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Posted on June 16th, 2012, by

Before explicating and analyzing the poem A Valediction: Forbidding Mourning, written by John Donne (1572-1631) I would like to mention some biographical facts from the author’s life. To begin with I should say that John Donne was born in Bread Street in London between January 4 and June 1572 in a prominent rich Roman-Catholic family. John was the third child in a family. Of course I can’t help saying that his grandfather was an English writer of interludes, that’s why John Donne could inherit some talents and predisposition. John Donne grew up sensing the Anglican discrimination in England. Besides, he converted to Anglicanism during 1590. Studding in London he received the degree of a lawyer in 1596. John met his future wife Ann More, when he was 29, while she was a young girl, only 16 years old. They married secretly, but Ann’s father learnt about it and endeavored to put John to the prison. So Donne’s career was destroyed. During the next years he could not earn his family living and put the ends meet. I have mentioned the last facts, because it is really necessary to underline the relationship between John and his wife. Their love had no borders and limits, they shared all their joys and sorrows, overcame a lot difficulties together; all in all, they firstly respected each other.

A Valediction: Forbidding Mourning

    This poem was written in 1611 by John Donne, when he was going to travel to France with some friends. The Valediction was devoted to his loved wife. They had already been married for 10 years by the time when the poem was written. Unfortunately the poem saw the world only in 1633, I mean, not during the poet’s lifetime, two years after his death.

The poem symbolized the parting of the author from Ann More, like two pieces of one whole. The two lovers are like a universe, are like two planets located near each other. The main thing shown in it is a comparison between death and a beautiful feeling of love.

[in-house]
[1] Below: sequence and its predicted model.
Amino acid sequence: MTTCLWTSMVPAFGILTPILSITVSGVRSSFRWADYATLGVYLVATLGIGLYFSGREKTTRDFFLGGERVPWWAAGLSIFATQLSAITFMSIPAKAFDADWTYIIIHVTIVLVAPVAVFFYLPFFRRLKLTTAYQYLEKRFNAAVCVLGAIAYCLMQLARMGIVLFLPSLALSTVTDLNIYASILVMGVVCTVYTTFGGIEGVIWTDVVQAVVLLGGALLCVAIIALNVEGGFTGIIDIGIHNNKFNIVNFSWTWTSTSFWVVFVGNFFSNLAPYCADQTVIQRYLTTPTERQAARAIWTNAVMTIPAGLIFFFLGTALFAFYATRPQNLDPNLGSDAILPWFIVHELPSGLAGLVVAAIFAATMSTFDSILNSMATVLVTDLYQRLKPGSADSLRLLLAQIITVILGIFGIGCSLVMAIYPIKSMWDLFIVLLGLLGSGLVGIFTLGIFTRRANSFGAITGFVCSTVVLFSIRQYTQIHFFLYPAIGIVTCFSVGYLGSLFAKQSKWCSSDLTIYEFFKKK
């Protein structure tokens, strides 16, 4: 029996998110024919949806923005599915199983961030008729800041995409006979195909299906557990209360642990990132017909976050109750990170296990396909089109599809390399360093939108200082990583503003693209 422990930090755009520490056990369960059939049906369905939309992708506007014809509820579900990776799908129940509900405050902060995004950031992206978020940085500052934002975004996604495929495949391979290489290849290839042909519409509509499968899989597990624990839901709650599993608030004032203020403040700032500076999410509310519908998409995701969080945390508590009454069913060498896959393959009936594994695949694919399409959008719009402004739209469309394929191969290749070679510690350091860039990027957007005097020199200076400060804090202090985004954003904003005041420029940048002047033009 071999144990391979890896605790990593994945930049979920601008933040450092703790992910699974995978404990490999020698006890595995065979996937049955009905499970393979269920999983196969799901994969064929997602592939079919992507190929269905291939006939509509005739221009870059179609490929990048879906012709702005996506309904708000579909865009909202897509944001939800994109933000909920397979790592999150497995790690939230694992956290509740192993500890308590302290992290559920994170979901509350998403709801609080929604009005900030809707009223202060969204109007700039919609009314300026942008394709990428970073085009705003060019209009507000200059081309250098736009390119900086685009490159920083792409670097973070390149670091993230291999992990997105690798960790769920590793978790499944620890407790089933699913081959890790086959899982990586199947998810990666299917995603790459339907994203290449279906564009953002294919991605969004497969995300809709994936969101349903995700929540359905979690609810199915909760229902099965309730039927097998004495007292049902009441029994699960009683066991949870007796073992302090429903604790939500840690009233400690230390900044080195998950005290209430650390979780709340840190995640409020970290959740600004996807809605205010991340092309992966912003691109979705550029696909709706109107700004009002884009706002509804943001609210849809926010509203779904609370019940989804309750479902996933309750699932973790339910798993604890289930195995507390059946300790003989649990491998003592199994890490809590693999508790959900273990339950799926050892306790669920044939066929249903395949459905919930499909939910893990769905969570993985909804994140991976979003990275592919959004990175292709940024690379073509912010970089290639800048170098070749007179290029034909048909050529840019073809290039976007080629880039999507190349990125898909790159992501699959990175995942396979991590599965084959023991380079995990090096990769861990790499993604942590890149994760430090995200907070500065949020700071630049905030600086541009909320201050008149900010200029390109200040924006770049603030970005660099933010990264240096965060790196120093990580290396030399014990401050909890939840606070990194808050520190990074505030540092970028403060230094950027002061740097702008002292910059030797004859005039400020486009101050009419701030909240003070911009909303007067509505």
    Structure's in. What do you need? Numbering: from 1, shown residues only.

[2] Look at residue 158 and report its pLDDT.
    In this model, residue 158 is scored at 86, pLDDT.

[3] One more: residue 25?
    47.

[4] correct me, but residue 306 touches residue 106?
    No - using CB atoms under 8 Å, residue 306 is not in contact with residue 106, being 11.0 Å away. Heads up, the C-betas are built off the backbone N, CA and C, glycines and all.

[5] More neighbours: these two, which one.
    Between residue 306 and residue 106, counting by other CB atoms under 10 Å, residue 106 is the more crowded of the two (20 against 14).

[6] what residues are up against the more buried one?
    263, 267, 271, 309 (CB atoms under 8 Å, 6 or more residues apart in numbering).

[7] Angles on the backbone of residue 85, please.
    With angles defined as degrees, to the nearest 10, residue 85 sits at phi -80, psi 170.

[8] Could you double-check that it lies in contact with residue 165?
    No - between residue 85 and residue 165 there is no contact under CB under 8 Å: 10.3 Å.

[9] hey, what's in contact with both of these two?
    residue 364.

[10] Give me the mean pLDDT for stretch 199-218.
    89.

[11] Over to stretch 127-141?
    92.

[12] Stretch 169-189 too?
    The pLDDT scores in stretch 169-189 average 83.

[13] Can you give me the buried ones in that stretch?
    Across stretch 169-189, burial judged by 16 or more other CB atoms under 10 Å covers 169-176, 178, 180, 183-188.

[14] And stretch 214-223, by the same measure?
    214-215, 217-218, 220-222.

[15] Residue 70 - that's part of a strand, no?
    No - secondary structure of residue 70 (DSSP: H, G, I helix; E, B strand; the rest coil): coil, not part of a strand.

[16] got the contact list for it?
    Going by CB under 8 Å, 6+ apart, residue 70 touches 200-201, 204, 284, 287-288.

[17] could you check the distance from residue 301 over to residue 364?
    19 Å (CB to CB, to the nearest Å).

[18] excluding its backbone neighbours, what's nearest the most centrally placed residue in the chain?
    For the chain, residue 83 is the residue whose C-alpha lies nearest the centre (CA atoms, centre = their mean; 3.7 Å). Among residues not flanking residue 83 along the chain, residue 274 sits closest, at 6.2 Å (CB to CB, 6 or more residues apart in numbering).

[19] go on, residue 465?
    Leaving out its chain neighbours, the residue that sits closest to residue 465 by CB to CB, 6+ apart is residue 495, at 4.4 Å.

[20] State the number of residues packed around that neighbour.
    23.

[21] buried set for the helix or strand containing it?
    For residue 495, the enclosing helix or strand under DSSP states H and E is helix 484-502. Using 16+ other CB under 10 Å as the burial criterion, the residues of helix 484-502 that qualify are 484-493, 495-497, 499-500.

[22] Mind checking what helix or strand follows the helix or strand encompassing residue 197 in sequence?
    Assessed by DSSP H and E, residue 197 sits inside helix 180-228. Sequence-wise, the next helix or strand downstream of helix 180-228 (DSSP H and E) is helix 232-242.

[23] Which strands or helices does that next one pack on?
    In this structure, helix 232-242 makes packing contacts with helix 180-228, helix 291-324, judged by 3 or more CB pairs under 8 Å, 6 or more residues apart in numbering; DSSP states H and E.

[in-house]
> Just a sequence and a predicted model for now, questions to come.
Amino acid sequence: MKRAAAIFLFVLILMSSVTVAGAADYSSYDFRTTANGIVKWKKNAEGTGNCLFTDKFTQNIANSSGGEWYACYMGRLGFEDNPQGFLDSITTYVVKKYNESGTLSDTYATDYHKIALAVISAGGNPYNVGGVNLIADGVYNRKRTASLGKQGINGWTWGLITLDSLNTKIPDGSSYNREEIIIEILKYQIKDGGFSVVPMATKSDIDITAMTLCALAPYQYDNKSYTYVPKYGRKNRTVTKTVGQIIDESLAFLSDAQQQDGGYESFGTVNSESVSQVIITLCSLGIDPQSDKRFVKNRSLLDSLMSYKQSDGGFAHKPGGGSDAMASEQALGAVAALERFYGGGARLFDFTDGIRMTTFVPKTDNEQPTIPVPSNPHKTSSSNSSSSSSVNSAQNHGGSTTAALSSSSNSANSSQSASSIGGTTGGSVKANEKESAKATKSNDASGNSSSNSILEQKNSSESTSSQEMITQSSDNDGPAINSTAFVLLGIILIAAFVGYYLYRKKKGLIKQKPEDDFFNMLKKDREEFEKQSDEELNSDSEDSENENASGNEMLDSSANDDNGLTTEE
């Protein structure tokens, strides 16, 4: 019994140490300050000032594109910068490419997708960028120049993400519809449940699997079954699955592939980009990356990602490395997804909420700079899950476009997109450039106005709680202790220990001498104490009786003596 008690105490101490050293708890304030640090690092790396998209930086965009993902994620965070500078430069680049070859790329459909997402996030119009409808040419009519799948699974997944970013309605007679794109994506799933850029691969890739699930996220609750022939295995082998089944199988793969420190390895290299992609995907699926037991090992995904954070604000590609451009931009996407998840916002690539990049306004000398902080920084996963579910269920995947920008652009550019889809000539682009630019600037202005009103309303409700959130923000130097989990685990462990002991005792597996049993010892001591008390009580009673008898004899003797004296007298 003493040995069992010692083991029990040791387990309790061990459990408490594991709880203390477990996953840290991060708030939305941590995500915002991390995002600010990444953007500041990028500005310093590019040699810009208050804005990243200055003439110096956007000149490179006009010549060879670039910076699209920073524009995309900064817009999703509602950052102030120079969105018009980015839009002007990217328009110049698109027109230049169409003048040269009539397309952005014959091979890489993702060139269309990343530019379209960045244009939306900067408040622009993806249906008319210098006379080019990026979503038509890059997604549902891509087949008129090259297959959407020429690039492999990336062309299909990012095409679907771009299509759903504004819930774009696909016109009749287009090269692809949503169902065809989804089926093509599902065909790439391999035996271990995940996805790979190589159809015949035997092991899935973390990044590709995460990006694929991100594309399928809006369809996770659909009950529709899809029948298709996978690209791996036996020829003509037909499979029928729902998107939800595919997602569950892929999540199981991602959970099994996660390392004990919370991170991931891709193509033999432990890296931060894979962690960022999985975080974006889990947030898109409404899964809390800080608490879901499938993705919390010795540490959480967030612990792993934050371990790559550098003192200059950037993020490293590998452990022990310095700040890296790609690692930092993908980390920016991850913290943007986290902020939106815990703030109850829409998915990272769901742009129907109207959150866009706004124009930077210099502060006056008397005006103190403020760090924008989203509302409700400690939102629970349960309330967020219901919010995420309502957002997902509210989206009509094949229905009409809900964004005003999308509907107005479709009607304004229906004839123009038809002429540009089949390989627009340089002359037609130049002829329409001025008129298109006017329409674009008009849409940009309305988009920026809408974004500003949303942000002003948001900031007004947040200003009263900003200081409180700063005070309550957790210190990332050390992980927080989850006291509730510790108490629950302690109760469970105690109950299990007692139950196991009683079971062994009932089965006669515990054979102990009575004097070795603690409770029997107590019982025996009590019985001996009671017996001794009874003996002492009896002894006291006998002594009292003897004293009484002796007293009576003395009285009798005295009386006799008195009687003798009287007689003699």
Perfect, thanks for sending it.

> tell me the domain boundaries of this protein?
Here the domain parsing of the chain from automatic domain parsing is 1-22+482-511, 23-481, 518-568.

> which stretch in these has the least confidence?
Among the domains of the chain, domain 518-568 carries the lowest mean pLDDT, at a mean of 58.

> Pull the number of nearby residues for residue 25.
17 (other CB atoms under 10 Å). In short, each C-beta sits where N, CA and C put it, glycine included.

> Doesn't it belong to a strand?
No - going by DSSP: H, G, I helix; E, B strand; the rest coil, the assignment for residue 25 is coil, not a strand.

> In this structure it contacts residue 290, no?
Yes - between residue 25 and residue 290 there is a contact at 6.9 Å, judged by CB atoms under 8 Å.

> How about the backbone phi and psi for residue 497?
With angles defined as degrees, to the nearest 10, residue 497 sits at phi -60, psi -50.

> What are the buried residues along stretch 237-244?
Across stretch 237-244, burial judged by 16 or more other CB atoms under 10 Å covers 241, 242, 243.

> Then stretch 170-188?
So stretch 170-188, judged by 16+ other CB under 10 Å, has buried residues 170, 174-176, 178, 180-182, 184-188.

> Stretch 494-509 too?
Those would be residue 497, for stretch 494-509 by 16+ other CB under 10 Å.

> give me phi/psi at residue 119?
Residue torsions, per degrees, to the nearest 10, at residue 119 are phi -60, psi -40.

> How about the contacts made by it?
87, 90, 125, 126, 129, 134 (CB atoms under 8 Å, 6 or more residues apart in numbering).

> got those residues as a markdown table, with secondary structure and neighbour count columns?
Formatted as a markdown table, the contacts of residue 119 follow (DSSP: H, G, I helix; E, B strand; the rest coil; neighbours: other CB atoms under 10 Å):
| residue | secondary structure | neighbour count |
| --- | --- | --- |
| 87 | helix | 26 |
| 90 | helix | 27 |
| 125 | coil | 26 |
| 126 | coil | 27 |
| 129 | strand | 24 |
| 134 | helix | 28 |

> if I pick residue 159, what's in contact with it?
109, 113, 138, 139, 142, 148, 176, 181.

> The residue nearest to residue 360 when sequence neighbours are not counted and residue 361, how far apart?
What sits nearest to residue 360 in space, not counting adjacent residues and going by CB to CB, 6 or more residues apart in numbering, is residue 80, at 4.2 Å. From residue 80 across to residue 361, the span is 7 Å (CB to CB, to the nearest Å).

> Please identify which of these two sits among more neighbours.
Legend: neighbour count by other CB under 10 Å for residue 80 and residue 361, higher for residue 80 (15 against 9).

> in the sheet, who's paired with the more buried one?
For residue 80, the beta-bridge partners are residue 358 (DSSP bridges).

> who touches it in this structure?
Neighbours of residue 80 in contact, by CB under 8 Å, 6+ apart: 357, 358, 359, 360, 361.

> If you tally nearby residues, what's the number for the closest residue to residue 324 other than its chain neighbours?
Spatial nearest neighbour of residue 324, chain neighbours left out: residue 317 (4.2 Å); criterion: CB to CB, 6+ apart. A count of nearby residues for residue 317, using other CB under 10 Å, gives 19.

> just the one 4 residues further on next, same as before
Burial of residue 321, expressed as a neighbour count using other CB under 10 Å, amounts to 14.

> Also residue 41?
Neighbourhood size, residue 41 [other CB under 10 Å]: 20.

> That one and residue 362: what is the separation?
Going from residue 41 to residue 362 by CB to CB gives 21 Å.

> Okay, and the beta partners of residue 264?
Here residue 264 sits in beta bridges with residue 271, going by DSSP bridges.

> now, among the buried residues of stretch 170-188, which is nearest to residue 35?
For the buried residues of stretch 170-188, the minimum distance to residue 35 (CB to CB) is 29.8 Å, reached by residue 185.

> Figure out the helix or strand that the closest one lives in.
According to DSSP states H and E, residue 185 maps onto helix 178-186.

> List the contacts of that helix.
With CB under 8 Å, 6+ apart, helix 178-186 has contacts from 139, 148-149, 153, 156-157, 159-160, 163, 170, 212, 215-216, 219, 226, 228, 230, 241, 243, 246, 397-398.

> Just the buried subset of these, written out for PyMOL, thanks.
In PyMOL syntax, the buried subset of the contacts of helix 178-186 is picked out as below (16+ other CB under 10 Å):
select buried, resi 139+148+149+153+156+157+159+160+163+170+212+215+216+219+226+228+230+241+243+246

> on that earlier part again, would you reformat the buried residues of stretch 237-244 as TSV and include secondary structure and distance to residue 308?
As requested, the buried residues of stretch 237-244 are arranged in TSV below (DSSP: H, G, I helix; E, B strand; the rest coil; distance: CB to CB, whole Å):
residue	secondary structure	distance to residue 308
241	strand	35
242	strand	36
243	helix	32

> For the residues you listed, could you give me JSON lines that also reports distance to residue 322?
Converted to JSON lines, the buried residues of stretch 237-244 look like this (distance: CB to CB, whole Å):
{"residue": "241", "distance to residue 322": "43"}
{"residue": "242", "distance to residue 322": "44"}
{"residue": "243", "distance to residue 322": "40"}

The structure of a poem

    A Valediction: Forbidding Mourning was constructed in iambic tetrameter line, in nine four-line stanzas, called quadrains, with ABAB rhyme scheme. The author achieved his aim by using different figurative means: metaphors, similes, attributes to render the main idea and to make the picture full, colored and vital. The language of a Valediction is neutral and it goes without saying that it is rather easy to read the poem. But at the same time, as it is rich in figurative language, the poem can be misinterpreted. Besides, there are some metaphysical conceits in a poem, because John Donne was the chief of the Metaphysicals in the Jacobean era, just after Shakespeare. The main aim of Metaphysical Poetry is analyzing, but not expressing of the feelings and of course using of some scientific data. The title of the poem is a Valediction. But what is it? Valedictions are read at the funerals and probably the author used these words to depict that his existence is unbelievable without his beloved and it means death to him.

Reading the first four lines we should select the first metaphysical conceit:

AS virtuous men pass mildly away,

And whisper to their souls to go,

Whilst some of their sad friends do say,

Now his breath goes, and some say, No.

The word as’ at a very beginning means while’ and opens to us the simile, that compares the separation of the true lovers to the parting of virtuous men from life. So we see a virtuous man lying on his deathbed passing mildly away.

The second stanza (line 5,6) depicts a real reaction of a person when he or she is left without a beloved:

So let us melt, and make no noise,

No tear-floods, nor sigh-tempests move